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Women in the Workplace-How we present ourselves in the workplace

Walk the Talk: How we present ourselves in the workplace

Ellen PatnaudeWomen in leadership are still something of a rarity today. There have been a couple of articles recently in the Wall Street Journal looking at women in the workforce and analyzing our collective progress. While there are no concrete conclusions about why it’s happening, the data is unambiguous. Women are being overlooked at promotion time.

Hmmmm.

This got us thinking about our own successes and failures in various industries within the working world. We have come to the conclusion that there are five key ways to “Walk the Talk” when it comes to how we present ourselves out there. Here they are, for your pondering –

  1. Speak how you want others to speak – both TO you and ABOUT you. Think for a moment about how others would describe you. What would they say? Is that who you want to be? The way to change it is to give them something better. The old adage is true – you get what you give.
  2. Be authentic. No one likes to deal with someone who is two-faced, to be blunt. Be true to your values, and don’t be afraid to disagree with someone else, even if you work for them. If you find ways to do so respectfully and sincerely, you might be surprised at how well received your opinions will be.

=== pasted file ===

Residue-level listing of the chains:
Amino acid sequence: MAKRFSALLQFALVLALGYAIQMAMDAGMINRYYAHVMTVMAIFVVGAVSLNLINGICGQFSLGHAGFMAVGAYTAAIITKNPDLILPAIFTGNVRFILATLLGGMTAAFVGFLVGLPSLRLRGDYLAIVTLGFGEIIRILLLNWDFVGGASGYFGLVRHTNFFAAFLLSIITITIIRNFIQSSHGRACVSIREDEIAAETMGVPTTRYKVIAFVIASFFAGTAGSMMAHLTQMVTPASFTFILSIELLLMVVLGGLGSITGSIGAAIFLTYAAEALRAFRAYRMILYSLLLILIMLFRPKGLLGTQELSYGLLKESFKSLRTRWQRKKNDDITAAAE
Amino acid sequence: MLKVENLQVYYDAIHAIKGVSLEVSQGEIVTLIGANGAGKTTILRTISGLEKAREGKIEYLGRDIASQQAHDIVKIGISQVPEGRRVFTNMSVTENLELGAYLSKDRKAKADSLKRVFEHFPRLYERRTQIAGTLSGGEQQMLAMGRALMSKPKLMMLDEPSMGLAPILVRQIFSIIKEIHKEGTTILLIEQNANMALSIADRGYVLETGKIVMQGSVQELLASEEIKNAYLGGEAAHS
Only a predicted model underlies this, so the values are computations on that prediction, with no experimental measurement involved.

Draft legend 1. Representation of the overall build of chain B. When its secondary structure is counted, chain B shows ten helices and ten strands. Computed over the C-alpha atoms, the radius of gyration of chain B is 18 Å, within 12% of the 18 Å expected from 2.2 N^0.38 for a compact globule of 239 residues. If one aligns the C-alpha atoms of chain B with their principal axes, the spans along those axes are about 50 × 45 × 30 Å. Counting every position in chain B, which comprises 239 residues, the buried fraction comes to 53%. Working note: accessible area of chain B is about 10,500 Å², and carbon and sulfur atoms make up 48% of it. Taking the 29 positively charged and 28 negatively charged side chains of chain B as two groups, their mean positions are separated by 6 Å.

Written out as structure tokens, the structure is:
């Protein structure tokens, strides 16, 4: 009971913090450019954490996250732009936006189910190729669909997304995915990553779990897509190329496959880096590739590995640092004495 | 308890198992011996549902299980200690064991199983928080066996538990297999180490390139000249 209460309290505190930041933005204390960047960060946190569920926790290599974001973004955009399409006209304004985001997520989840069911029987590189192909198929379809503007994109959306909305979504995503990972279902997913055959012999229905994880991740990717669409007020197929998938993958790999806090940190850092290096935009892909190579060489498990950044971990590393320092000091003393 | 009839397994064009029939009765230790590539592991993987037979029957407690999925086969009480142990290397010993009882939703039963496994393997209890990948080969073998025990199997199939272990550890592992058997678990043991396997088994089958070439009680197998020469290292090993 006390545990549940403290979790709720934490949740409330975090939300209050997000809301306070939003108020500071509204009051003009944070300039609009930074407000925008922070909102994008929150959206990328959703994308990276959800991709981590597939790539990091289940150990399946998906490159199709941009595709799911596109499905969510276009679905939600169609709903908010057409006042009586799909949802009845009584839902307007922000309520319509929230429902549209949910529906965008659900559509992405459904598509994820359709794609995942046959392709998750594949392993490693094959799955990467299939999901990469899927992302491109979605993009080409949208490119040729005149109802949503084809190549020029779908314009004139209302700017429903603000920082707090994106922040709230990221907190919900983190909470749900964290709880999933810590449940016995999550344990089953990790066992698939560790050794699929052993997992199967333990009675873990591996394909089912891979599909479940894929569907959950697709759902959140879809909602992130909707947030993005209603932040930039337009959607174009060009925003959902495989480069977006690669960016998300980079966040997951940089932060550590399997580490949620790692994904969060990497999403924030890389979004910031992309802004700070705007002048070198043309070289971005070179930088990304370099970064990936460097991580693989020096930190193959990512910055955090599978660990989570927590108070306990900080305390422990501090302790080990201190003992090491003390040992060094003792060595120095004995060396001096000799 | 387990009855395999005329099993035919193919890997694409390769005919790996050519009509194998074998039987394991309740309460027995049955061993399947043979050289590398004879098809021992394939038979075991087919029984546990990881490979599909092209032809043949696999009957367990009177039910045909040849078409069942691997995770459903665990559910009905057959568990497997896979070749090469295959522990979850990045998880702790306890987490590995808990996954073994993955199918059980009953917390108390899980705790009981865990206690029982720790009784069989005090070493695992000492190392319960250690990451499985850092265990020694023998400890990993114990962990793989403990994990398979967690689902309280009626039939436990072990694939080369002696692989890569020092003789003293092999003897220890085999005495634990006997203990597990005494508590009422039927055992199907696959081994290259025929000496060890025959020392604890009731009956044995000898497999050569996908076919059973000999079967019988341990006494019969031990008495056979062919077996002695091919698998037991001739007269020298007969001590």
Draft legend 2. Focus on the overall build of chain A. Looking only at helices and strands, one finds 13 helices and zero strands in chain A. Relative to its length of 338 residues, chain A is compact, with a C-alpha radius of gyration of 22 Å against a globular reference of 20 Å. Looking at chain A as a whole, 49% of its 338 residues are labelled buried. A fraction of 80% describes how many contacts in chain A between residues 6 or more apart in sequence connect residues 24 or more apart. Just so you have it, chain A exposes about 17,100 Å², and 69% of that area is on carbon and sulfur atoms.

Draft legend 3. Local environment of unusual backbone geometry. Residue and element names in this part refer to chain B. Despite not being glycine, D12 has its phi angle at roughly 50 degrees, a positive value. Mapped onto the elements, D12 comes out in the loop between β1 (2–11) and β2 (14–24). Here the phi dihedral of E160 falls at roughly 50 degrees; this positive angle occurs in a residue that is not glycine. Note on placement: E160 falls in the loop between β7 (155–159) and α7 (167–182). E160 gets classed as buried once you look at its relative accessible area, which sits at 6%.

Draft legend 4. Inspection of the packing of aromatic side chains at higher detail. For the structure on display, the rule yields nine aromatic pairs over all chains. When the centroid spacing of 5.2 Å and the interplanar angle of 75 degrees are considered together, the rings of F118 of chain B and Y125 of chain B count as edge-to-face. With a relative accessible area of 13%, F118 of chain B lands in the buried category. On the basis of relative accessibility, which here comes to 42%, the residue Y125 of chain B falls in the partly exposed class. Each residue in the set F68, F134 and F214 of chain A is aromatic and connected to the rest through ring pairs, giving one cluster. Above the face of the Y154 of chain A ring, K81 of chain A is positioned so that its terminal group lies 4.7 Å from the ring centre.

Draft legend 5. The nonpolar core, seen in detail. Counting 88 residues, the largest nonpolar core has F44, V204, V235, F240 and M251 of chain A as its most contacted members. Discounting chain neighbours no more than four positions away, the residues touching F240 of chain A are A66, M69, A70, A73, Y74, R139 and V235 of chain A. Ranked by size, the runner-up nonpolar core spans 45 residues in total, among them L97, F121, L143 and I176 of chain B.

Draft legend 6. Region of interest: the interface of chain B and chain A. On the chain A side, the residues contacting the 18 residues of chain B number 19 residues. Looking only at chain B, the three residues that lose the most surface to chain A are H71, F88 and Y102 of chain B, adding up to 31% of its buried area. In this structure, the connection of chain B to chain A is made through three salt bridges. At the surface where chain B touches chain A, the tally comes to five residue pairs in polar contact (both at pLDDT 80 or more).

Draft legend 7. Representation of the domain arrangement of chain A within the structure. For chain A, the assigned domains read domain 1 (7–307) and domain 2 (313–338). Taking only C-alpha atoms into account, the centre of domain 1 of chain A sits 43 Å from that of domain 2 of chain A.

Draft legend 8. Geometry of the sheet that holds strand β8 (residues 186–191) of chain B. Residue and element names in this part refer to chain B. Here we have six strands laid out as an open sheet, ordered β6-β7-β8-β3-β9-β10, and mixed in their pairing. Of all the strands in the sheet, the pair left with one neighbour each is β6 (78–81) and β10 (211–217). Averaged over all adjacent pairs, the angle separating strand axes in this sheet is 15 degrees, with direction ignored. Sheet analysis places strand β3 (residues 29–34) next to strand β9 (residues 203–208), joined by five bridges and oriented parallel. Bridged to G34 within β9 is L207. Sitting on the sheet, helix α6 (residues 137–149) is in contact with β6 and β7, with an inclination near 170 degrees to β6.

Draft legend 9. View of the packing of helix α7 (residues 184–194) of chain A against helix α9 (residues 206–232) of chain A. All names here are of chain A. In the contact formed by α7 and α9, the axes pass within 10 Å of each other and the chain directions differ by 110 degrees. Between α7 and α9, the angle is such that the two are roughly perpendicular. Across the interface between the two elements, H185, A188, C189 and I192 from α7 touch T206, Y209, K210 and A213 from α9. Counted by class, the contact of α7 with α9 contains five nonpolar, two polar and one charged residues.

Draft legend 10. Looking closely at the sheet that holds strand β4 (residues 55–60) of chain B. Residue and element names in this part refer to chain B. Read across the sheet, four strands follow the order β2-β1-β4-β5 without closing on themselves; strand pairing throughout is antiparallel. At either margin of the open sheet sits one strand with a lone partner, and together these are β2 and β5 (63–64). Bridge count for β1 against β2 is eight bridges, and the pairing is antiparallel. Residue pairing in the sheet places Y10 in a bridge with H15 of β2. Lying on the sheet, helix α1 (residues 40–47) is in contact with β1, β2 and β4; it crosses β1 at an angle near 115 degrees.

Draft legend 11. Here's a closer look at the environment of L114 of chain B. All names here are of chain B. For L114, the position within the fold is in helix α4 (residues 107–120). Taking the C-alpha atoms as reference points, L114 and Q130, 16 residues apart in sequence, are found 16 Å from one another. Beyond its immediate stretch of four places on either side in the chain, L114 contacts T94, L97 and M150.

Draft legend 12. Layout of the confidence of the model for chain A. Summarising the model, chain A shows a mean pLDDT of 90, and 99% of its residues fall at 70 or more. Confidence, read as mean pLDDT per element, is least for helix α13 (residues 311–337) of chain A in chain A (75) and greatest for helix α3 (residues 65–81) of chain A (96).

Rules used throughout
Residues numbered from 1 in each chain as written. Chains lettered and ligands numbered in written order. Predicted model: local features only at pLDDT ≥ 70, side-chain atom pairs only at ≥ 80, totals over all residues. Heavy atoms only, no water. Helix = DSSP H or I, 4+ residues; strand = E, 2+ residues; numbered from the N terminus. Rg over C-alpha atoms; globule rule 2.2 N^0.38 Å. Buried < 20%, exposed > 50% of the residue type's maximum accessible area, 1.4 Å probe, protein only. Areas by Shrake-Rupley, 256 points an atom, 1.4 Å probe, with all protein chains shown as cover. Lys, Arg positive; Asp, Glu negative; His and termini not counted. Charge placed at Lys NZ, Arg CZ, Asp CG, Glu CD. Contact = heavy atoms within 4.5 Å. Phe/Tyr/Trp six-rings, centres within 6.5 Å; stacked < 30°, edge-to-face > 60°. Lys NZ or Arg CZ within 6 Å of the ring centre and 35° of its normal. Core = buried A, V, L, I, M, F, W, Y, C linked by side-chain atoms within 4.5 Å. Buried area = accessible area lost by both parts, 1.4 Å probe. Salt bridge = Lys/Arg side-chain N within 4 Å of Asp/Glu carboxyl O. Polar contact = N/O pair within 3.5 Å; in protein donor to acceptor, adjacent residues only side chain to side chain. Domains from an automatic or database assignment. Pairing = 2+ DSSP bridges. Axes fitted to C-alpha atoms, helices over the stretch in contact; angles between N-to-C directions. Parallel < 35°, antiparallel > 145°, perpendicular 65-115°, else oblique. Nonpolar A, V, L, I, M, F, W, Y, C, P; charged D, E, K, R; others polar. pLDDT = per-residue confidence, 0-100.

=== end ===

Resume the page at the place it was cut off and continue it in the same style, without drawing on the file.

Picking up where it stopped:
3. Go out of your way for others. It seems that in many workplace environments, we’ve come to expect the worst of each other. There is a clear “every (wo)man for her/himself” attitude out there. When you extend simple courtesies to someone else, you show that person that you are considerate. Nothing helps with rapport like a small act of unexpected kindness.
  4. Focus on your work ethic. If you don’t deliver, you don’t have credibility. It’s as simple as that.
  5. Take responsibility for your actions and words. Lose the victim mentality. If you mess up, opt for a simple “excuse me” or apologize rather than offering excuses or reasons as to why something happened. This covers everything from being late to a meeting to not making a deadline. You write your own story, and life is not happening to you – you are not a puppet.
  6. The bottom line is this – women have historically had a tough time out there. Many of the barriers that have stood in our way in the past have come down, and many others are still there. Nothing will change overnight. However, recognizing that you are the main character in your own story and that you can control your actions and behavior just might give you the courage you need. Stand up and lead like a woman and excel in team building and leadership.


Author: Ellen Patnaude, Date Published: March 23, 2012

Ellen Patnaude is an instructor for The Leader's Institute ® and president of LeadQuine. She is based in the Detroit, Michigan Region. She is a specialist in team building events and presentation skills seminars.

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